Health financing course on universal health coverage another success

Robert Ramos

The fifth WHO Barcelona Course on Health Financing took place on 16–20 March 2015 in Barcelona, Spain. Built around the theme of universal health coverage, the course reviewed ways of improving health system performance through better health financing policies.

The course brought together 54 participants from 25 countries in the WHO European Region. It was designed and delivered by WHO/Europe's Barcelona Office for Health Systems Strengthening in collaboration with WHO headquarters' health financing policy team. The participants included government officials, managers and experts from health insurance funds, and representatives of public health institutions, universities and international donor organizations.

About the course

The interactive course is organized around key policy issues relating to revenue collection, pooling, purchasing and benefit design. It systematically outlines policy instruments and their impact on financial protection, equity, efficiency, quality of care and transparency.

It combines comprehensive thinking about health systems and financing with helpful tools for analysis, policy design and implementation. Participants encounter examples from countries throughout the course, engage in solving real-life cases and develop lasting professional relationships.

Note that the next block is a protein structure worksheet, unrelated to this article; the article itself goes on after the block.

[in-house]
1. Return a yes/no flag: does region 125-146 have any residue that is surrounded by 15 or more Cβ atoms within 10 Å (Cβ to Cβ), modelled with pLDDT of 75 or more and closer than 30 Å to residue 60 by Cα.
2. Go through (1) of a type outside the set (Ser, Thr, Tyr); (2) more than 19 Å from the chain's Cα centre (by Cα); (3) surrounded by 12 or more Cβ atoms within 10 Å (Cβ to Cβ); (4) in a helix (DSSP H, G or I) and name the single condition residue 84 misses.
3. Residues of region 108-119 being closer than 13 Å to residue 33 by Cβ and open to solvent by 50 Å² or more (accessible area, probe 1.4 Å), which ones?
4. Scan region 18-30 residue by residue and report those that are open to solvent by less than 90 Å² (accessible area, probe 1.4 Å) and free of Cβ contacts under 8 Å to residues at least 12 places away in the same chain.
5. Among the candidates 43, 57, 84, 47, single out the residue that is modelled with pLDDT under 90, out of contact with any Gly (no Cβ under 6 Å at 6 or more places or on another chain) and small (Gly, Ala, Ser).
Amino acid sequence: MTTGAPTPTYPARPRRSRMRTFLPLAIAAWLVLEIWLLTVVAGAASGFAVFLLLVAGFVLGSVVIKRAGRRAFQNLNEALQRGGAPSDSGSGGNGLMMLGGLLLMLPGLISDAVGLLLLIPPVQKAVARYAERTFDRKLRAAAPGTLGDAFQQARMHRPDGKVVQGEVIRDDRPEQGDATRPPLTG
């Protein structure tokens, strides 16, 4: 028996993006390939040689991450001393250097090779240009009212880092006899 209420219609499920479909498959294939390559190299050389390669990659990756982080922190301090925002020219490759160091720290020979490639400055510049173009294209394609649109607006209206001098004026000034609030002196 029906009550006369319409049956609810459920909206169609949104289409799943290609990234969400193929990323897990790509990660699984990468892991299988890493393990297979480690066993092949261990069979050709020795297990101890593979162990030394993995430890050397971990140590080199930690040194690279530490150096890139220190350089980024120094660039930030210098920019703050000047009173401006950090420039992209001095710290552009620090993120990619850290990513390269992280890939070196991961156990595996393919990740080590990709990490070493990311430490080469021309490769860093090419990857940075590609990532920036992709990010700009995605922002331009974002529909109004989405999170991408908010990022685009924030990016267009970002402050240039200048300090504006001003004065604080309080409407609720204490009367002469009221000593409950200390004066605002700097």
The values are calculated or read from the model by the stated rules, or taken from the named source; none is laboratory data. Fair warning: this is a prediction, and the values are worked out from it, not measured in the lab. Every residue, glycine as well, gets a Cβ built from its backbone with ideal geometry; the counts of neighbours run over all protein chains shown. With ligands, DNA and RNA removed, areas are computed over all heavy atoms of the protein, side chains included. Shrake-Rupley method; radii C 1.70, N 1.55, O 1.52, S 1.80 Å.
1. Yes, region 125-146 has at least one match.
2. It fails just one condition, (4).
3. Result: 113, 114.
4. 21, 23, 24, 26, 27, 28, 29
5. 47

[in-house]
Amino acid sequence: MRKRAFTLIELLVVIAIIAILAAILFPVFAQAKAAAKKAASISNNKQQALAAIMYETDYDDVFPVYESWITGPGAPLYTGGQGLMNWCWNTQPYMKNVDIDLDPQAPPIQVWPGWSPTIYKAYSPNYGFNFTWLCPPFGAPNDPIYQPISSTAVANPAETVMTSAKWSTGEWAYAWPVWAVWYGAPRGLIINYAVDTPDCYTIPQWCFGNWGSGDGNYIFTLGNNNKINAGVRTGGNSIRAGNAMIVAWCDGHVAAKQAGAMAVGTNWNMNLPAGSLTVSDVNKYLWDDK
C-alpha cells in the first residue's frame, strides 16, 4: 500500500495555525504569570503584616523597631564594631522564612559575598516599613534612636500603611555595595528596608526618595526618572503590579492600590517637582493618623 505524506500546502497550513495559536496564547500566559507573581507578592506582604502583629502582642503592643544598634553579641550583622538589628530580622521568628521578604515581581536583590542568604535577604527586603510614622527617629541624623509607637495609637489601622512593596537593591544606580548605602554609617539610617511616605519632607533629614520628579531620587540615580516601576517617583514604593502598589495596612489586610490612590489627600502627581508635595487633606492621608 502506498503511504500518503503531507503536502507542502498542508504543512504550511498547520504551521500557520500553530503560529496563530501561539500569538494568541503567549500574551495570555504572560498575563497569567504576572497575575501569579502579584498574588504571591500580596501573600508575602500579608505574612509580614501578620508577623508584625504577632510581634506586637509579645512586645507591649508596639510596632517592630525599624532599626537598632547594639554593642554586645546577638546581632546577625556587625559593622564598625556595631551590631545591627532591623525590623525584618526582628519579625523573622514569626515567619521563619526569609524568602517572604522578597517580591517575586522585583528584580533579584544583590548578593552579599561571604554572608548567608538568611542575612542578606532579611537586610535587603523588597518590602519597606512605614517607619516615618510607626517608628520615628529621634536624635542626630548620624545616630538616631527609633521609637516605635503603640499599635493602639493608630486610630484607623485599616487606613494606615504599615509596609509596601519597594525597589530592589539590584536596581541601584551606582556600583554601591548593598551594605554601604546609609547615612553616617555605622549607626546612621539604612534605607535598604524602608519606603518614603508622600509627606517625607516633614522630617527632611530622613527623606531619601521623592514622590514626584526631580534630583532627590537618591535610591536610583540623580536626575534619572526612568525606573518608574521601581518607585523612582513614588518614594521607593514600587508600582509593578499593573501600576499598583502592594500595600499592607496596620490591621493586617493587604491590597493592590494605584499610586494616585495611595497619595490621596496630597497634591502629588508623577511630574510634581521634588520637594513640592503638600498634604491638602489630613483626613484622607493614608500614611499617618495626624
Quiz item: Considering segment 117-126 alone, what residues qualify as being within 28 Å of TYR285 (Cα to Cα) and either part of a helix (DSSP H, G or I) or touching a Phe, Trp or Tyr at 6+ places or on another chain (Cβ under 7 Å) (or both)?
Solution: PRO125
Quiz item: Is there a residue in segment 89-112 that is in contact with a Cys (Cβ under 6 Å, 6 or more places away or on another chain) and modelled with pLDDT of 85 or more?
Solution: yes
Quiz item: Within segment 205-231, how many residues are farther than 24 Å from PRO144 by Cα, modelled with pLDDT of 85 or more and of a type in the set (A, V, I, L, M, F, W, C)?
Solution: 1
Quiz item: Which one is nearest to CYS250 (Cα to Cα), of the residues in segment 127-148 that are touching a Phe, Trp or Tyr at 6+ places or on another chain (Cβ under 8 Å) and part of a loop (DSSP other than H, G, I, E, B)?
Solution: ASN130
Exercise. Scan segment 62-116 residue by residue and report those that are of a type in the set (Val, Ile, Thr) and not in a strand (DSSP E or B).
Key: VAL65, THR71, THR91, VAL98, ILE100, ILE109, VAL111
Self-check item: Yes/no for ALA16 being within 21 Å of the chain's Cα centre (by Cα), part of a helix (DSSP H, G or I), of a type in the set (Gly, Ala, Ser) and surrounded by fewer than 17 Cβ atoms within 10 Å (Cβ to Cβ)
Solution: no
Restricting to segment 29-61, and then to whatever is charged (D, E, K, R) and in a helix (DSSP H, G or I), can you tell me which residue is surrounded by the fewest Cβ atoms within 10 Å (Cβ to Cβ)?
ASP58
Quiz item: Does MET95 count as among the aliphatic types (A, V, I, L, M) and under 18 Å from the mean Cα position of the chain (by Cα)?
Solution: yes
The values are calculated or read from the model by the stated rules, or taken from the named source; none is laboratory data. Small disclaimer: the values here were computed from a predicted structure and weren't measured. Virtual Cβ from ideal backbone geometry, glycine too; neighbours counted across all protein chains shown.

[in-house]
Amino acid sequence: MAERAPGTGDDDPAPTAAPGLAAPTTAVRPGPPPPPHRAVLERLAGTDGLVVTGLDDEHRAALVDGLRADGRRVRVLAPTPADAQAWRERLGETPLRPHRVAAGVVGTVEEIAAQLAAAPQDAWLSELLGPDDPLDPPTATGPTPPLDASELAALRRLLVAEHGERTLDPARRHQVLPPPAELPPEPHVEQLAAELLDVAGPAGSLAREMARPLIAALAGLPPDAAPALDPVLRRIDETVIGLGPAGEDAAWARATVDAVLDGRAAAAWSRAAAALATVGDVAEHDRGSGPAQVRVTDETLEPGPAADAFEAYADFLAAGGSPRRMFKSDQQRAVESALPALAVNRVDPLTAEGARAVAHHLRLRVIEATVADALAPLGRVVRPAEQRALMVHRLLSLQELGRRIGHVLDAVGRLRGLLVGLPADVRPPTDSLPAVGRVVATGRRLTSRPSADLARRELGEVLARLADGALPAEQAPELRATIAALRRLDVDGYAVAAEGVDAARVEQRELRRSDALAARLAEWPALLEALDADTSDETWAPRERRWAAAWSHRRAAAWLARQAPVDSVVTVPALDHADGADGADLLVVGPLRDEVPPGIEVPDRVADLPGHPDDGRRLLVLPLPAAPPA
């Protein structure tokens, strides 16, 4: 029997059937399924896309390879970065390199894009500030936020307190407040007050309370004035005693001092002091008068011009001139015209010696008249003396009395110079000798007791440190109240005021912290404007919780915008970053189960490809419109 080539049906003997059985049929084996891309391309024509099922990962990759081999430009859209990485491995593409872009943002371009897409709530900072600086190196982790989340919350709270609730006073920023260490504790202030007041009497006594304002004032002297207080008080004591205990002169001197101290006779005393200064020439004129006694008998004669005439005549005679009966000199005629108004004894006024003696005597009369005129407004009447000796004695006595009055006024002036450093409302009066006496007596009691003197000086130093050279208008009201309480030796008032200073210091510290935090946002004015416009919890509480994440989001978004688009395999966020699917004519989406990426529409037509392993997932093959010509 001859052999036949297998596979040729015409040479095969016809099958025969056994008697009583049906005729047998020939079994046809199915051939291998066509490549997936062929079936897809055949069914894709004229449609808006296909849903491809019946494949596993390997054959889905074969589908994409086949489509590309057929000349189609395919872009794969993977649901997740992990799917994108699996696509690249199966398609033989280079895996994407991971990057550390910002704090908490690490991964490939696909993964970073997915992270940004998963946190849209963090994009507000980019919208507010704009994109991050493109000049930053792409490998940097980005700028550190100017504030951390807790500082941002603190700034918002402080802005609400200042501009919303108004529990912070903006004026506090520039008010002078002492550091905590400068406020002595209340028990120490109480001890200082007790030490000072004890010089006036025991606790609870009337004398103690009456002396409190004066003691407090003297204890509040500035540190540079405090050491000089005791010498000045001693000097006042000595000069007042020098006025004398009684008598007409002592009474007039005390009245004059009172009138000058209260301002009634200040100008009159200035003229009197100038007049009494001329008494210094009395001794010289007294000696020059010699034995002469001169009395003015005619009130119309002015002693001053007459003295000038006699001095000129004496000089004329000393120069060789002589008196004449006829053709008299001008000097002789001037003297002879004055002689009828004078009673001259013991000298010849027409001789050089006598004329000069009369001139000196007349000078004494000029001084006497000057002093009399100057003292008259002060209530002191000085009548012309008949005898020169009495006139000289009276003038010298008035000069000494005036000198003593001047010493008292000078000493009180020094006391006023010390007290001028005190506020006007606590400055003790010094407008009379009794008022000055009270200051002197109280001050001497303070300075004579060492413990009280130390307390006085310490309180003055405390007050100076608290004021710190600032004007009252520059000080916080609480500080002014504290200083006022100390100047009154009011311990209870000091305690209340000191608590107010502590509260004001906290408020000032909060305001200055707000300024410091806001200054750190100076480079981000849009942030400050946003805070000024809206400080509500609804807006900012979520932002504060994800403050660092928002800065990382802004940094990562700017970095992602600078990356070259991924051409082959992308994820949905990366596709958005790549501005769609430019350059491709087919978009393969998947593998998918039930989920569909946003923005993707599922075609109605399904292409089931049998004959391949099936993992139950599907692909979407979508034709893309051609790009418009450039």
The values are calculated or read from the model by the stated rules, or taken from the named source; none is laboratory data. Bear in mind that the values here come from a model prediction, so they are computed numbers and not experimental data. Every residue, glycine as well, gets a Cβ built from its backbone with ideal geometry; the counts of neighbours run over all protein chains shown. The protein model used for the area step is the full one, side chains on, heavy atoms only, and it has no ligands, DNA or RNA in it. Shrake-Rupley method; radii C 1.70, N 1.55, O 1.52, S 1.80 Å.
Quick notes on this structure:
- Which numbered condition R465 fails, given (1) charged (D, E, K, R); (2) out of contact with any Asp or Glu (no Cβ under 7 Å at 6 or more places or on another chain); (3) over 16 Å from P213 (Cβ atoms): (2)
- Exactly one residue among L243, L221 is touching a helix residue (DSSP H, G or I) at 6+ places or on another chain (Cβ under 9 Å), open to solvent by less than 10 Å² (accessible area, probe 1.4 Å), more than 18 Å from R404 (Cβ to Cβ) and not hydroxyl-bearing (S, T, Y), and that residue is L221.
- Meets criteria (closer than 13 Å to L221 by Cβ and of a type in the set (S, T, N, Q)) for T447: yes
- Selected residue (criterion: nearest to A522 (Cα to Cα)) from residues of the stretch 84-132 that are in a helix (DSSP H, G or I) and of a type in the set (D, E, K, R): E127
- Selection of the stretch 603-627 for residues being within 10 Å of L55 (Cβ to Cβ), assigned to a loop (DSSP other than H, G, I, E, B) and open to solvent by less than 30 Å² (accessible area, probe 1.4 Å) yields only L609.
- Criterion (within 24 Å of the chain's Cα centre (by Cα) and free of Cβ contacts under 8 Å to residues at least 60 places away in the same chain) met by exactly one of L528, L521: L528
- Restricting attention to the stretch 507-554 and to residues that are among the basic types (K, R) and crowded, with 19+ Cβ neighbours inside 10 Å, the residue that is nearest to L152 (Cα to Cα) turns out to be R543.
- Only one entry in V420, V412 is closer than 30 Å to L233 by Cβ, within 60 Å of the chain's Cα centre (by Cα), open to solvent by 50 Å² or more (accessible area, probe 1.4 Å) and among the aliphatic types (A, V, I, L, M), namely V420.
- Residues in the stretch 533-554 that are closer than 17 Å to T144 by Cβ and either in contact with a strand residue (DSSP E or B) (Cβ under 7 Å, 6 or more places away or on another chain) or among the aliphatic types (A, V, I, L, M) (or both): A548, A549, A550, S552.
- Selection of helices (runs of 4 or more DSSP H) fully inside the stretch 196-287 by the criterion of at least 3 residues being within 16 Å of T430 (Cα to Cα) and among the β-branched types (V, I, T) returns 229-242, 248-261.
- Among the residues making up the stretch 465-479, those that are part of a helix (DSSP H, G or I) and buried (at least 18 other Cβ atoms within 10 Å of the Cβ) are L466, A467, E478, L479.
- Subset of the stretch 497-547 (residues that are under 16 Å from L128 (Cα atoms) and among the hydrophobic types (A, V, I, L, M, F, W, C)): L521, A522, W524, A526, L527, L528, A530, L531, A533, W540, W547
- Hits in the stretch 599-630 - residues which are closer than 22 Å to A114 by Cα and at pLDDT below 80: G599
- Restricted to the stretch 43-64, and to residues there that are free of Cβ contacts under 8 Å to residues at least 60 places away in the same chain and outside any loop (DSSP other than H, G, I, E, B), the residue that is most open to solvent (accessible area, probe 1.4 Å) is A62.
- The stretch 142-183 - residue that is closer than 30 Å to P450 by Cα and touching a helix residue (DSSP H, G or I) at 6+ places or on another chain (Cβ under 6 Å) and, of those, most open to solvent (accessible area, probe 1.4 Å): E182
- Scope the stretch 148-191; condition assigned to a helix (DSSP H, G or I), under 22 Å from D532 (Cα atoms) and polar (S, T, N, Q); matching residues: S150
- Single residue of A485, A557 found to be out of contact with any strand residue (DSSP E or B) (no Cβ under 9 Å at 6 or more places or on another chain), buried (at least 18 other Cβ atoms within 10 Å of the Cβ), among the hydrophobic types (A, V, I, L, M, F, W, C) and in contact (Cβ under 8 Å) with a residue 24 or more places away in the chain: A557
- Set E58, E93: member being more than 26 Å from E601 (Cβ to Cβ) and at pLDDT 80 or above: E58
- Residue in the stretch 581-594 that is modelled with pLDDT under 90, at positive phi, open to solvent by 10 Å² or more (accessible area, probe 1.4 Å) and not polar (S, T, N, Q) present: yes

As a challenge, participants in this year's course had the chance to engineer real structural reform in one country. In addition, the course addressed a number of key issues with which Member States grapple in their efforts to move towards universal health coverage and to find ways to maintain it in times of economic hardship. 

Feedback from participants

"The most important thing about the course is the chance to share experiences and learn what countries do in terms of ensuring universal health coverage and protecting their people from financial crises. We can use these experiences in my country to improve the quality of health care and financial protection for patients," said Nicolae Jelamschi, Secretary of State for Health of the Republic of Moldova.

"Two aspects stood out: first, the quality of the lecturers and of the materials, with fresh information and useful country examples; second, the opportunity to network with all the people involved in the course," stated Severin Rakic, Head of the Public Health Institute of the Republika Srpska, Bosnia and Herzegovina.

"I like the fact that the course is interactive and we get plenty of opportunities to make comments and ask questions. This is not just about theory," added Tony Flynn, Assistant Principal at the Irish Department of Health.

"I greatly appreciate the heterogeneity of the participants. Moreover, the course material is excellent, as is the way it is presented. It helps me a lot to see my daily work from a different perspective … with deeper and extended knowledge," commented Martin Van Den Boom, Technical Officer at WHO/Europe.

"The country case was a real highlight. It was interesting to implement what you hear in the lectures in a real case. People really contributed and it was a lot of fun. I am very happy with my decision to attend," said Panagiotis Papadopoulos, Scientific Adviser at the Parliament of Greece.